War and Remembrance

Reviewed by Yehoshua Porath

The War for Palestine: Rewriting the History of 1948
by Eugene L. Rogan, Avi Shlaim,
Cambridge, 234 pages

Rather than acknowledge the sharp asymmetry in freedom of research and expression between Israel and the Arab world, Shlaim and Rogan try to persuade the reader that Israeli historical writing is in its essence no different from the narratives produced in Arab statesa version of history that attributes the 1948 defeat to a conspiracy of imperialist powers, or to a vast web of international Jewish power, combining corrupt Jewish money, deception, and such devilish tactics as poisoning the wells in Arab villages.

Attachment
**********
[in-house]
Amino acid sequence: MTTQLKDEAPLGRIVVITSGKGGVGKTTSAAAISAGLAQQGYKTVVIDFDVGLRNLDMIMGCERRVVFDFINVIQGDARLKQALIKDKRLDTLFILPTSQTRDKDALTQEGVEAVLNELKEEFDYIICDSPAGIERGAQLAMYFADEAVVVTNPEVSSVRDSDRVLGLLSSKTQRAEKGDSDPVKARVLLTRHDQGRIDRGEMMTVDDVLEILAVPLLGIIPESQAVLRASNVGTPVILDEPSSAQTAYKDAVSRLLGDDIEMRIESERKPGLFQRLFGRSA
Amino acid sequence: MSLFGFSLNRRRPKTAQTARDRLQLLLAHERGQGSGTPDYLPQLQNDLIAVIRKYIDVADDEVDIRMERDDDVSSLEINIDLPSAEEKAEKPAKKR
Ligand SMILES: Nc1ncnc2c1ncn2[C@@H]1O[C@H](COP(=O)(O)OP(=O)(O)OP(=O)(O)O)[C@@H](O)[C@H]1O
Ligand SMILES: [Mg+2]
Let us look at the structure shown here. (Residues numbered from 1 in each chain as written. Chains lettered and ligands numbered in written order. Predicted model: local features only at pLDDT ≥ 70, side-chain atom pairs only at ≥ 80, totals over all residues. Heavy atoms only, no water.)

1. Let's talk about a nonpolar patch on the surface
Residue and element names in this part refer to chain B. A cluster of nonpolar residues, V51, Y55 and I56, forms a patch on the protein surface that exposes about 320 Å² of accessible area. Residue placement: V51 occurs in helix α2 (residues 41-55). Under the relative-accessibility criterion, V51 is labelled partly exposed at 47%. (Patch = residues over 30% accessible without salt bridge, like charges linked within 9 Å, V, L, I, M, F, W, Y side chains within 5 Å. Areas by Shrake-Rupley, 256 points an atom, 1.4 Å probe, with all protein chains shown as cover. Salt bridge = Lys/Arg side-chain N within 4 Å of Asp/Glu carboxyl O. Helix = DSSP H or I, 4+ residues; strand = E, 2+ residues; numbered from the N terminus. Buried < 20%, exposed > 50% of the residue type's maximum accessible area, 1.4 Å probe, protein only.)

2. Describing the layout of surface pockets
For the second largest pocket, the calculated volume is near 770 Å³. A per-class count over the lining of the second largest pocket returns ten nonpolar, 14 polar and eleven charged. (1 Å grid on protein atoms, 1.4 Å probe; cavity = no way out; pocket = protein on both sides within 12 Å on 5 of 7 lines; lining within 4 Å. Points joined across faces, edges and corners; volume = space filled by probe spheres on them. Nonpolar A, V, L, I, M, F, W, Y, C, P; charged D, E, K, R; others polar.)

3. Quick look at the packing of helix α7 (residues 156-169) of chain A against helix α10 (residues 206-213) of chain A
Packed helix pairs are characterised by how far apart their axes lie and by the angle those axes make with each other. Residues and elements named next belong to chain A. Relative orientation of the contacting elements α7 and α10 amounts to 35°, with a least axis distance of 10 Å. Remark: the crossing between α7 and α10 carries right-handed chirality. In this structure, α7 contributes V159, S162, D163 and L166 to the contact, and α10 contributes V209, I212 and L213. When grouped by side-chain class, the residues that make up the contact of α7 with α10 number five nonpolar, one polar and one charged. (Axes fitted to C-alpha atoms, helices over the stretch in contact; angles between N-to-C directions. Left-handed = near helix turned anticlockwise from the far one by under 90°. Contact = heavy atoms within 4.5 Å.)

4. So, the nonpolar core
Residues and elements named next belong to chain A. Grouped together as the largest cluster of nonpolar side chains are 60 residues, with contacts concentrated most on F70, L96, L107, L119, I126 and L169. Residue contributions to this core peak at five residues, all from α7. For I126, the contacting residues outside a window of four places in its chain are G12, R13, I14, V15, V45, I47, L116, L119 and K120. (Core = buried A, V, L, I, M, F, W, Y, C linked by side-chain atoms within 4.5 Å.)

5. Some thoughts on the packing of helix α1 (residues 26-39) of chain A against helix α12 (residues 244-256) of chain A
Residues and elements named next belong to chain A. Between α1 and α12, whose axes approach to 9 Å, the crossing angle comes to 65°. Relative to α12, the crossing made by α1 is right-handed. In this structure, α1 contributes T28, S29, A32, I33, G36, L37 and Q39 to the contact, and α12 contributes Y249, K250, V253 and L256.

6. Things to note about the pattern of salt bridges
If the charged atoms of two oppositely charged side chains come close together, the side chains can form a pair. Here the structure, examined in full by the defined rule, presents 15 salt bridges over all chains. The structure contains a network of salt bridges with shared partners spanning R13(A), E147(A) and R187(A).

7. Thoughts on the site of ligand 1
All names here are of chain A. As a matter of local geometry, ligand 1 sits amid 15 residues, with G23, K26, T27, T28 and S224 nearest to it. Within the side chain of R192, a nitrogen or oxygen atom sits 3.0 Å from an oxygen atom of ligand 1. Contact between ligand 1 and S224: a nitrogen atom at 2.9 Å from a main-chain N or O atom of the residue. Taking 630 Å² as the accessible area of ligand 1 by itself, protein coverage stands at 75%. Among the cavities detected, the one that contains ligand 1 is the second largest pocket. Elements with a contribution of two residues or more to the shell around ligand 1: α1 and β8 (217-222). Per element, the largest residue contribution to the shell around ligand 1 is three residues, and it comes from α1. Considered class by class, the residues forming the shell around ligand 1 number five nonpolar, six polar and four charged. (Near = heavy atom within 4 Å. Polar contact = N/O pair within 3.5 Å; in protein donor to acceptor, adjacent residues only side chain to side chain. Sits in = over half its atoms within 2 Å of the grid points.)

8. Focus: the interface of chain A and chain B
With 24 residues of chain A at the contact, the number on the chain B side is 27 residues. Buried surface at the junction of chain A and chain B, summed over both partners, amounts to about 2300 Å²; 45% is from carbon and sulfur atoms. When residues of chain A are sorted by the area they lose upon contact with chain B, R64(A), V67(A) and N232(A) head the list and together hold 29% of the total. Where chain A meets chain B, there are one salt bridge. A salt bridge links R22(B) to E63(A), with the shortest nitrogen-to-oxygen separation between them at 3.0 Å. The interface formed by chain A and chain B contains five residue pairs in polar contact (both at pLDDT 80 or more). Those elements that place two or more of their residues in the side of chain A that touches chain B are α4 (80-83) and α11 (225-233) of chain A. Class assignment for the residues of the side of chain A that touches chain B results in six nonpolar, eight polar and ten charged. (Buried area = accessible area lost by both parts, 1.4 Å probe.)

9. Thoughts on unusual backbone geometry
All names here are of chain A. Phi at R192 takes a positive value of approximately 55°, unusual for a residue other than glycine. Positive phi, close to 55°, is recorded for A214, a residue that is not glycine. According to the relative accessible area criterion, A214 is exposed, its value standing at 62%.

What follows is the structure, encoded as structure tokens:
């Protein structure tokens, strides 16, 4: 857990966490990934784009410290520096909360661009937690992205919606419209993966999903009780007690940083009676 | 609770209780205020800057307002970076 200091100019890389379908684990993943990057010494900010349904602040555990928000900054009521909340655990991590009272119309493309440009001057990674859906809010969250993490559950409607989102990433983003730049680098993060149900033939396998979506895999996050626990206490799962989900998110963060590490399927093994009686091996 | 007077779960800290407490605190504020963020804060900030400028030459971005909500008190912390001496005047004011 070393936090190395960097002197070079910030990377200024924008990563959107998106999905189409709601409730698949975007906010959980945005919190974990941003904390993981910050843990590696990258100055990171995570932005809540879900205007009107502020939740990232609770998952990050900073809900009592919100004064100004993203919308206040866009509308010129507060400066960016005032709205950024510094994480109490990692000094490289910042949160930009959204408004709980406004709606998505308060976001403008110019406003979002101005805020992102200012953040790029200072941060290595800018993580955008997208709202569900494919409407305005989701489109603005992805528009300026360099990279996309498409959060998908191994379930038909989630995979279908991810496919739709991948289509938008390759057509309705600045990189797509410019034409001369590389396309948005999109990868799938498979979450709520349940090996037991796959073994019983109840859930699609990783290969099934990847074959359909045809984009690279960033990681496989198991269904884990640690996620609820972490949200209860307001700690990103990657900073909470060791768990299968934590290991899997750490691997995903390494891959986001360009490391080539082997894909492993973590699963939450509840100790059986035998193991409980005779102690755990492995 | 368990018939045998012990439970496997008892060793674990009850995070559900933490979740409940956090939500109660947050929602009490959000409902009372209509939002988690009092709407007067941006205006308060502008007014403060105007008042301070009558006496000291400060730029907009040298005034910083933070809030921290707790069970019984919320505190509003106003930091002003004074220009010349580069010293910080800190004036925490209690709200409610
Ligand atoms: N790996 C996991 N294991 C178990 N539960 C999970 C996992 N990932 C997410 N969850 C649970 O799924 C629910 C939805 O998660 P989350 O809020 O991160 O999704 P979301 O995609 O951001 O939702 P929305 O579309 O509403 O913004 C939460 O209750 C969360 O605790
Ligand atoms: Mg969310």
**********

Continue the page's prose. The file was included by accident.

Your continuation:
In this spirit, the editors overlook even the most striking examples of integrity by traditional Israeli historians. For example, it was the “official” Israeli historiography that was the first to report on the existence of the Dalet Plan, a controversial Israeli military strategy during the War of Independence which called for the expulsion of Arabs from demographically mixed areas that endangered transportation lines or that could function as guerrilla bases. It was Yigael Alon and Israel Galilis analysis of this plan in the early 1950s, published in The Book of the Palmah, that allowed Harvard historian Walid Khalidi to argue famously in 1959 that the Dalet Plan was none other than the master plan of the Zionists for the wholesale expulsion of Palestinians from their homes. Furthermore, when the last volume of the monumental work The History of the Hagana was published in 1973, the books editors, led by the prominent defense-establishment official Shaul Avigur, took the bold step of including the Dalet Plans full text, including the section that provided a justification for the expulsion of Palestinian Arabs. However painful this step was for the Israeli historians, they nevertheless understood it to be a landmark in the history of research on the War of Independence. But this episode, which flies in the face of the claim that no scholarship of substance was done on the war before the new historians came along, does not suit the authors of The War for Palestine; indeed, they do not give it so much as a mention.